Graeme Piper reviews the new Blondie vinyl box set.
What more can be said about Blondie’s music that hasn’t been said a thousand times before? So ingrained in our consciousness are they after nearly 40 years, that there isn’t really much left to say. But there’s much more to the New York group’s music, other than a handful of top 10 singles and an album that shot them to international fame.
Just released by Universal, and pleasing the vinyl lovers among us no end, comes this box set featuring all six Blondie albums from their ’76 – ’82 heyday. From the 1976 debut Blondie, 1978’s follow-up Plastic Letters, breakthrough album Parallel Lines (also from 1978) and finishing with Eat To The Beat (1979), Autoamerican (1980) and The Hunter (1982). To top it all off, all six albums fit neatly (rather too neatly actually – it took a bit of effort to get the albums out!) into a sturdy outer slipcase, complete with iconic Parallel Lines-esque artwork.
This set offers nothing new in terms of track content other than what was released on the original albums, but it really doesn’t matter as the box just needs to be appreciated for exactly what it is. Faithfully reproduced from the originals, attention to detail is king. And when I say ‘faithfully reproduced’, it’s exactly that – the cover artwork is just as the originals in every way and even the inner sleeves contain the same information and images. The obligatory 2014 copyright info is the only small addition to each back cover with those annoying barcodes also making an appearance on the back of each sleeve.
The actual vinyl is pretty joyous as well – lovely 180g heavyweight vinyl gives a much superior sound quality to the originals and is a far cry from the super thin records so common in the 70s, 80s and 90s. The centre labels are also fully intact in terms of look and reproduction (again, the only addition is the 2014 copyright guff), but oddly, the bracketed track timings that appear on the originals have disappeared.
Anyway, with the overall look, feel and authenticity all pretty expertly taken care of, how does this thing sound? Well, bloody lovely actually. I can’t find any info about whether the tracks are taken from the most recent remastering some years back or not, but I’d like to think that they are given that they sound superior to the originals.
Starting from the top with debut Blondie from 1976, the album was released amid the emerging New York punk/new wave scene on Private Stock Records and immediately crashed and burned. Luckily for them (and us), Chrysalis were on hand to scoop up the fallout and re-release it. Although the album doesn’t contain any chart toppers that would soon become commonplace, it is home to killer singles X Offender and Rip Her To Shreds which told us in no uncertain terms that Blondie had arrived.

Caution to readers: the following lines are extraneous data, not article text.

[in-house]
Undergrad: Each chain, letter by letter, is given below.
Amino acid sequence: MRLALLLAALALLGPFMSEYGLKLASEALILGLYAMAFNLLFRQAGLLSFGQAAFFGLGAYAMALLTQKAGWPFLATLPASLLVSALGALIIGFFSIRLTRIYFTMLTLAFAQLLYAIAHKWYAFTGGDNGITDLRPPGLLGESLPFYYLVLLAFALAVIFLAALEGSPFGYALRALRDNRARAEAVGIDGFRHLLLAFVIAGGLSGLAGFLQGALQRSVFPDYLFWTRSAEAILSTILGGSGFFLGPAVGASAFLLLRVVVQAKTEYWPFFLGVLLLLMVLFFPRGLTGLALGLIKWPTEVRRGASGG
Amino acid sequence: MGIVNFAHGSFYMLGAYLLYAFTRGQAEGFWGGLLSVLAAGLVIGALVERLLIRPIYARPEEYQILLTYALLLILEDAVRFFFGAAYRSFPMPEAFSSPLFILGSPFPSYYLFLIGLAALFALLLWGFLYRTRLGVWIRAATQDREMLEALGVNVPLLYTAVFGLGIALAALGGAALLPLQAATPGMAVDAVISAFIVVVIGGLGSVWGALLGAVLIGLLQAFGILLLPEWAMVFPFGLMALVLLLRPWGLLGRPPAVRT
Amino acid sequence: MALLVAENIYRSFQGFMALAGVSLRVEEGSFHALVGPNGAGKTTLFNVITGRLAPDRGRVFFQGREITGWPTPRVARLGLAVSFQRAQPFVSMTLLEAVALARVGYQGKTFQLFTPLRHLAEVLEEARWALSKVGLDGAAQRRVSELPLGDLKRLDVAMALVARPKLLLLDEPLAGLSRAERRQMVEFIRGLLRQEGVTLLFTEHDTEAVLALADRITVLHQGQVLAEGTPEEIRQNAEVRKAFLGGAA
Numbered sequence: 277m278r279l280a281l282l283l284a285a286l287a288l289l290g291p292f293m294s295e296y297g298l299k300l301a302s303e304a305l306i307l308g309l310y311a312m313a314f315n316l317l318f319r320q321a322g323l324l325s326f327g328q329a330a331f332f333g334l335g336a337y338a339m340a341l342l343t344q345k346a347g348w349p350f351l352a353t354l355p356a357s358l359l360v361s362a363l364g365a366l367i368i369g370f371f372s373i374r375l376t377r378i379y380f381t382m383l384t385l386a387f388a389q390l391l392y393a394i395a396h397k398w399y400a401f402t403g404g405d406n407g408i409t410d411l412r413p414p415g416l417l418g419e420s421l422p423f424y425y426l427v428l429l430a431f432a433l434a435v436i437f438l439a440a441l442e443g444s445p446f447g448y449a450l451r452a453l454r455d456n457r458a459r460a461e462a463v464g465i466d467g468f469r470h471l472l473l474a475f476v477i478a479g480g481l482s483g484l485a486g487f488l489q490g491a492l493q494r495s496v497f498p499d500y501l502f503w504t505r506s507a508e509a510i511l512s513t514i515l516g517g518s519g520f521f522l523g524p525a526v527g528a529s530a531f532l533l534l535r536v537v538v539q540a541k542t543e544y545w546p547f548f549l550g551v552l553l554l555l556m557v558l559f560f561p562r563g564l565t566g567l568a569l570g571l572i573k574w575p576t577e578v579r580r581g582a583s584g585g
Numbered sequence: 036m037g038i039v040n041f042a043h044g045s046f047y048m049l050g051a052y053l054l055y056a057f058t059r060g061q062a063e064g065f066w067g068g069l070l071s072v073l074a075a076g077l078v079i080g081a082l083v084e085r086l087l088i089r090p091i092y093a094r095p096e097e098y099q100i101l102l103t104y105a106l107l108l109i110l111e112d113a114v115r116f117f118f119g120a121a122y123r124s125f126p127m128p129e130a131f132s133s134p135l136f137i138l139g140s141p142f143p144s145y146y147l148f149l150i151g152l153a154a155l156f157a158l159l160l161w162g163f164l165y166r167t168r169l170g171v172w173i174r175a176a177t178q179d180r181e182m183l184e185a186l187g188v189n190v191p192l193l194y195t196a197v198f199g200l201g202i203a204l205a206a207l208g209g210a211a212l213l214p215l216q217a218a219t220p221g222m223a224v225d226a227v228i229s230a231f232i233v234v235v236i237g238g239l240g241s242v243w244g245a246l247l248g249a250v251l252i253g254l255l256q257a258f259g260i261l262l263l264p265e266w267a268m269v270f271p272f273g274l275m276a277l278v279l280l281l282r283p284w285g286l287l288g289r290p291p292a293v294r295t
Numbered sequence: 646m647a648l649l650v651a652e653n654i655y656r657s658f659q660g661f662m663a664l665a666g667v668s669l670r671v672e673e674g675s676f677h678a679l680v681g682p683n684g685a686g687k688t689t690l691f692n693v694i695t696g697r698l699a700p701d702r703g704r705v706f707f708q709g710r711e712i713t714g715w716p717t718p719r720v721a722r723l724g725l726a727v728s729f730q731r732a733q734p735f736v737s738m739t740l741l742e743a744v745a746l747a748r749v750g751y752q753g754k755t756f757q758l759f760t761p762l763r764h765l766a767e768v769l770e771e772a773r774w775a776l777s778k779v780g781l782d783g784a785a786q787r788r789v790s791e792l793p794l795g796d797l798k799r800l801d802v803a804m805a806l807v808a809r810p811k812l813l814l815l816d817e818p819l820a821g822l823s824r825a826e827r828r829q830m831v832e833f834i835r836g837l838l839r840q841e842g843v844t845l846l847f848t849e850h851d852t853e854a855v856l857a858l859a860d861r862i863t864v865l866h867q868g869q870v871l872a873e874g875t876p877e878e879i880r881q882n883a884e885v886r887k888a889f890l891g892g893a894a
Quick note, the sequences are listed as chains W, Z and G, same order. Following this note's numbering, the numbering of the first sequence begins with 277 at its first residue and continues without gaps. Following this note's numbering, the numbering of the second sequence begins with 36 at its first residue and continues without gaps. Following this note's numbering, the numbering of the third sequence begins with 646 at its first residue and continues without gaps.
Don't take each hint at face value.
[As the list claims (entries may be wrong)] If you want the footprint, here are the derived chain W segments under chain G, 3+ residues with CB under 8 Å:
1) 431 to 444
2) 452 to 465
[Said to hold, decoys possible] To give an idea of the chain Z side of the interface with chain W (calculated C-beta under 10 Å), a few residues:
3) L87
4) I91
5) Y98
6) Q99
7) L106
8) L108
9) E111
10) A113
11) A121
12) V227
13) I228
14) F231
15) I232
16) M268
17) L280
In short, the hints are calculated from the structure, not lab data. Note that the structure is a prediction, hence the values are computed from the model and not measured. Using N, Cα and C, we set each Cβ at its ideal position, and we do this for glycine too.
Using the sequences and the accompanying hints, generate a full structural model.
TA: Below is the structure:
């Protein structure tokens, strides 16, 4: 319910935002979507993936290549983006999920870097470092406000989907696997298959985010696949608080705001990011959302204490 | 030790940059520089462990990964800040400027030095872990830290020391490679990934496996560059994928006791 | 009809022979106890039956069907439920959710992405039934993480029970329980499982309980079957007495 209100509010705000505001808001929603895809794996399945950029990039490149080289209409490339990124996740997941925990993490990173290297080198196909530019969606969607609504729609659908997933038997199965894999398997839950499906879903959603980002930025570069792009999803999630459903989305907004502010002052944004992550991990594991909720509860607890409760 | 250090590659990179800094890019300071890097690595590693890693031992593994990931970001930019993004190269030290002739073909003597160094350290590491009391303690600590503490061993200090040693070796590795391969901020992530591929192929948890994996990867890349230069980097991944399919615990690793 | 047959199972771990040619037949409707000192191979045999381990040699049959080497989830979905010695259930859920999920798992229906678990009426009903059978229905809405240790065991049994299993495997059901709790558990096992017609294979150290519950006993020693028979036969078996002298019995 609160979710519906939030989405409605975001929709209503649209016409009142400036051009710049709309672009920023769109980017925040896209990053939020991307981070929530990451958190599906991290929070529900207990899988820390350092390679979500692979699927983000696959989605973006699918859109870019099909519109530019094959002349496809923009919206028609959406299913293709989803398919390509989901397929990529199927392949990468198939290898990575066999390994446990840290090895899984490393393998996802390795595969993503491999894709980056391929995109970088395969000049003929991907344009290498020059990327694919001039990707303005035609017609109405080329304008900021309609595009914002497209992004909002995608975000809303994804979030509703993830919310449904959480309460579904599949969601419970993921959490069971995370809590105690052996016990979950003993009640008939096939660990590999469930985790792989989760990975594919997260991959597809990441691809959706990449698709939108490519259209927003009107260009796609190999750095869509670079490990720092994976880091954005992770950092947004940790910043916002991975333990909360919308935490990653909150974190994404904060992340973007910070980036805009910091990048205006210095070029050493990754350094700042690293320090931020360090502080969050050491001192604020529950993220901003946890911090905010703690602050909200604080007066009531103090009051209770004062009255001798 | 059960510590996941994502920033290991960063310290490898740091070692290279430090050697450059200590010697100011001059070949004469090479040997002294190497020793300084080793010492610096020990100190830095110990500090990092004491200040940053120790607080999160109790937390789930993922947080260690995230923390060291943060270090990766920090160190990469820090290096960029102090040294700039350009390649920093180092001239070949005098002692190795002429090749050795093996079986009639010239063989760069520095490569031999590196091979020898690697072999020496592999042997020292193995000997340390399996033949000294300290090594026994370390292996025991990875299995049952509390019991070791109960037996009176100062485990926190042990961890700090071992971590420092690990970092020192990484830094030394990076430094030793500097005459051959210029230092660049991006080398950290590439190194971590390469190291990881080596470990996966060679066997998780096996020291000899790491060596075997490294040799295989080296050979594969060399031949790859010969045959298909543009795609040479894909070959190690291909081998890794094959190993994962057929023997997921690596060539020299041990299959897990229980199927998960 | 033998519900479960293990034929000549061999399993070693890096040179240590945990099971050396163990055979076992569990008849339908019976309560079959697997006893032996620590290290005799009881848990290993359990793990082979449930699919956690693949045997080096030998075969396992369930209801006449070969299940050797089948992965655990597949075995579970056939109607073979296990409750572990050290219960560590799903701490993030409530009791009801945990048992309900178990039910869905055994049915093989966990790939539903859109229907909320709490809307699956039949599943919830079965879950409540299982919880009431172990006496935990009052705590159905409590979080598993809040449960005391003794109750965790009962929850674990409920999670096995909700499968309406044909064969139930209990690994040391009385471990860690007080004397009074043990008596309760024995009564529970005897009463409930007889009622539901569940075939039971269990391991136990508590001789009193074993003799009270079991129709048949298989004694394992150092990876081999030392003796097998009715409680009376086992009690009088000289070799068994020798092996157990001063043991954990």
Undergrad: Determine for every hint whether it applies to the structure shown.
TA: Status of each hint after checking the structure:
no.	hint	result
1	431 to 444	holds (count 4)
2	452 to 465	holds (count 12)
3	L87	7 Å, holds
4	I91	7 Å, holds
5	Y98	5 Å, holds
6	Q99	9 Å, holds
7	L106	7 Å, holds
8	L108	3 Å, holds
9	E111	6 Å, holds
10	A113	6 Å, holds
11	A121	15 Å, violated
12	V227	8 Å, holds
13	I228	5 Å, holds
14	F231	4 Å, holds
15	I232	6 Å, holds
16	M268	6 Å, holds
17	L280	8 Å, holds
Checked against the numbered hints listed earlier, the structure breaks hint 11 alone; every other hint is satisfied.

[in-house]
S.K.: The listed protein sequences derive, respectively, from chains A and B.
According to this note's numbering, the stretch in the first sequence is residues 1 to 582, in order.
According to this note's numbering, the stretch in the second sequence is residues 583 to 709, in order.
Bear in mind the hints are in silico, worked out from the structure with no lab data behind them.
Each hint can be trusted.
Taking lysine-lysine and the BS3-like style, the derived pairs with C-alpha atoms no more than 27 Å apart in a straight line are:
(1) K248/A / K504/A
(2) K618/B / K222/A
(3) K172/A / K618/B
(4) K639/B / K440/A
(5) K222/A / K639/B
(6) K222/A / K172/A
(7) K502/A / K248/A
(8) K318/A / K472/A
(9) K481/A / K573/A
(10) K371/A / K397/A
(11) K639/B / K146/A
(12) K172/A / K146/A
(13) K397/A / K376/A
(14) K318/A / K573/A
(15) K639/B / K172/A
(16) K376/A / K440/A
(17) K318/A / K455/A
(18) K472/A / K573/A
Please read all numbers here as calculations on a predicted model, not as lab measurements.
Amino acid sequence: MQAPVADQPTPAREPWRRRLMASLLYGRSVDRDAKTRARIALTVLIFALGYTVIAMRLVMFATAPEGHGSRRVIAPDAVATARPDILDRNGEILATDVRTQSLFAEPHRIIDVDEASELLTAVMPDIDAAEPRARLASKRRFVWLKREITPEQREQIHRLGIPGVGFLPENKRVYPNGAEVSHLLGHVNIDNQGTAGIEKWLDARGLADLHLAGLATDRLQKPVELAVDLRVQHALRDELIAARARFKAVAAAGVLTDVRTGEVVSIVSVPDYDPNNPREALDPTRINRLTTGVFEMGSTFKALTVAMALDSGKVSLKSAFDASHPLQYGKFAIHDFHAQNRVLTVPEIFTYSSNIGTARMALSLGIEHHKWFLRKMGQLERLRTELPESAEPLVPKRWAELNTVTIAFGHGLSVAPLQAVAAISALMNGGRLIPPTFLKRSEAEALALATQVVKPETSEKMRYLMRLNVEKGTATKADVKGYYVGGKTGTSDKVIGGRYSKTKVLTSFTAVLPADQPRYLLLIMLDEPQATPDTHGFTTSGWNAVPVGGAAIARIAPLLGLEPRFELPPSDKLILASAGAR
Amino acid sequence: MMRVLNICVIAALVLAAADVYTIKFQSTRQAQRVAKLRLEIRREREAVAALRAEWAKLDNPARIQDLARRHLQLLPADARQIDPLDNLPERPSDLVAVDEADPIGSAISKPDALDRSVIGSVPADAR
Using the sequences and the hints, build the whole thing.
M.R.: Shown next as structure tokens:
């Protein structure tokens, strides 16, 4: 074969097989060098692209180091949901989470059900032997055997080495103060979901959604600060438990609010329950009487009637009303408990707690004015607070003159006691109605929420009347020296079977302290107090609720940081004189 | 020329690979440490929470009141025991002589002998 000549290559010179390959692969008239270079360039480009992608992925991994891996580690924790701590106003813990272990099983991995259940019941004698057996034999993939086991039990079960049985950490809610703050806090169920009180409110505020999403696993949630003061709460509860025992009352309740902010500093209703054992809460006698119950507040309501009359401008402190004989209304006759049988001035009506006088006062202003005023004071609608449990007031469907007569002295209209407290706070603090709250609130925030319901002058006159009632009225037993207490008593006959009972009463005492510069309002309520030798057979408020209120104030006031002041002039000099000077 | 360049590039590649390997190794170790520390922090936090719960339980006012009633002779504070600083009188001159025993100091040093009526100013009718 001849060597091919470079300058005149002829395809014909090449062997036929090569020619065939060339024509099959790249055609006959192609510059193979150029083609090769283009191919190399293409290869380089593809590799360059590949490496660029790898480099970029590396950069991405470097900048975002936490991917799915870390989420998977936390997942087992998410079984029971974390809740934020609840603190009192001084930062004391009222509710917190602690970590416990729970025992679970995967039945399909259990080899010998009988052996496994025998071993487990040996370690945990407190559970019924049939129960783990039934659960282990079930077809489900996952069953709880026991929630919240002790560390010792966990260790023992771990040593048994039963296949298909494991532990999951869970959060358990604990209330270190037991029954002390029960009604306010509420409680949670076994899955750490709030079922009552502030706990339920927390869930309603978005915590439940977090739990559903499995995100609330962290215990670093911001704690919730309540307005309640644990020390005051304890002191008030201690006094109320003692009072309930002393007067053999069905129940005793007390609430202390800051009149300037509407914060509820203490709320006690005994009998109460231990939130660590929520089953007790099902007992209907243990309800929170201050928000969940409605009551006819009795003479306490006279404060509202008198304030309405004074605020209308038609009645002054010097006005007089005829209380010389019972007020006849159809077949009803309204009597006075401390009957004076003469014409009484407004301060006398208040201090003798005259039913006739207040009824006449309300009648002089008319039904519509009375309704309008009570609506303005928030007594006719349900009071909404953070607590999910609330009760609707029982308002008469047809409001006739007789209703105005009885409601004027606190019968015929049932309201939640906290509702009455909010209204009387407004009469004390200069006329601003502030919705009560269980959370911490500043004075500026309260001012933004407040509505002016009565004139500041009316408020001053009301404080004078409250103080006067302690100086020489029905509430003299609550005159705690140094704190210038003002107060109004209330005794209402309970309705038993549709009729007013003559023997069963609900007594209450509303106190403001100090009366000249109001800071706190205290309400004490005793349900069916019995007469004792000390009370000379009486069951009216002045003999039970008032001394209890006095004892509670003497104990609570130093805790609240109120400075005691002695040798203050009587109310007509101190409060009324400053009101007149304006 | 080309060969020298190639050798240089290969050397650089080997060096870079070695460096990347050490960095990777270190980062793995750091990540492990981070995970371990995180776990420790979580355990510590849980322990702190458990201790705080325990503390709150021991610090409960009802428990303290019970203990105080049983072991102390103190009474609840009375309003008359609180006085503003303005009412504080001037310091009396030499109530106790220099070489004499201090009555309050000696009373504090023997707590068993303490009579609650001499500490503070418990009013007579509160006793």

1978’s Plastic Letters carries on from where Blondie left off, with more of the pop-rock that put their name on the map, and spawned the band’s first bonafide hit single in Denis (UK #2, March 1978). Future single (I’m Always Touched by Your) Presence, Dear and the fantastically titled I’m on E also feature and pushed Blondie further towards what was to follow.
Their first UK number one album, Parallel Lines, of course, needs no introduction and can almost go unreviewed. Spewing forth massive hits like they were going out of fashion, including the disco swirl of Heart of Glass, the raucous Hanging On The Telephone and the vicious, slicing riff in One Way or Another, not forgetting non-single tracks that are equally as good (Will Anything Happen?), it’s virtually a Greatest Hits package without even trying.
Hot on the heels of their new found international success, Eat To The Beat arrived just a year later in 1979. Hitting the UK albums charts to give them their second number one album, it gave birth to another slew of hit singles including the wistful Union City Blue and perennial favourite Atomic. Taking the winning formula from the previous album and carrying it forward, with added touches of funk and reggae being thrown into the mix, gave the album a more diverse sound.
Autoamerican, again, came just a year after its predecessor and the band were in experimental mode. Though the album proves to be something of a mixed bag musically, with funk and jazz fusing with their already established pop rock sound, this didn’t hamper its success, reaching UK #3 and it offered two solid hit singles in UK chart topper The Tide Is High and Rapture.
Conceived as a concept album, commercial and critical success didn’t beat the door down upon the release of final album The Hunter in 1982. The calypso inspired lead single Island of Lost Souls reached a respectable number 11 in the UK, but only just scraped in at 37 in the US. Follow-up War Child fared less well – it failed to chart in the US and was only a minor UK hit. Not bad songs, but It’s fair to say that, at this point, Blondie’s best days were gone. With poor album and ticket sales following, eventually drugs, tensions and Chris Stein’s illness all took their toll and Blondie split at the end of the year.
The thought of Blondie becoming so influential and vital to future generations was probably the last thing on their minds and it was another 17 years before the inevitable (and glorious) comeback that heralded a second wave of plaudits and commercial success (1999’s No Exit was a UK #3 album).
Fully justified and worthy of such a release, the Blondie Vinyl Box Set is really a testament to a band who, in a relatively short lifespan, created some of the most memorable songs of an era and really did prove to be every bit as influential and vital as this set would testify.
The Blondie Vinyl Box Set is out now.
Review by Graeme Piper for SuperDeluxeEdition.
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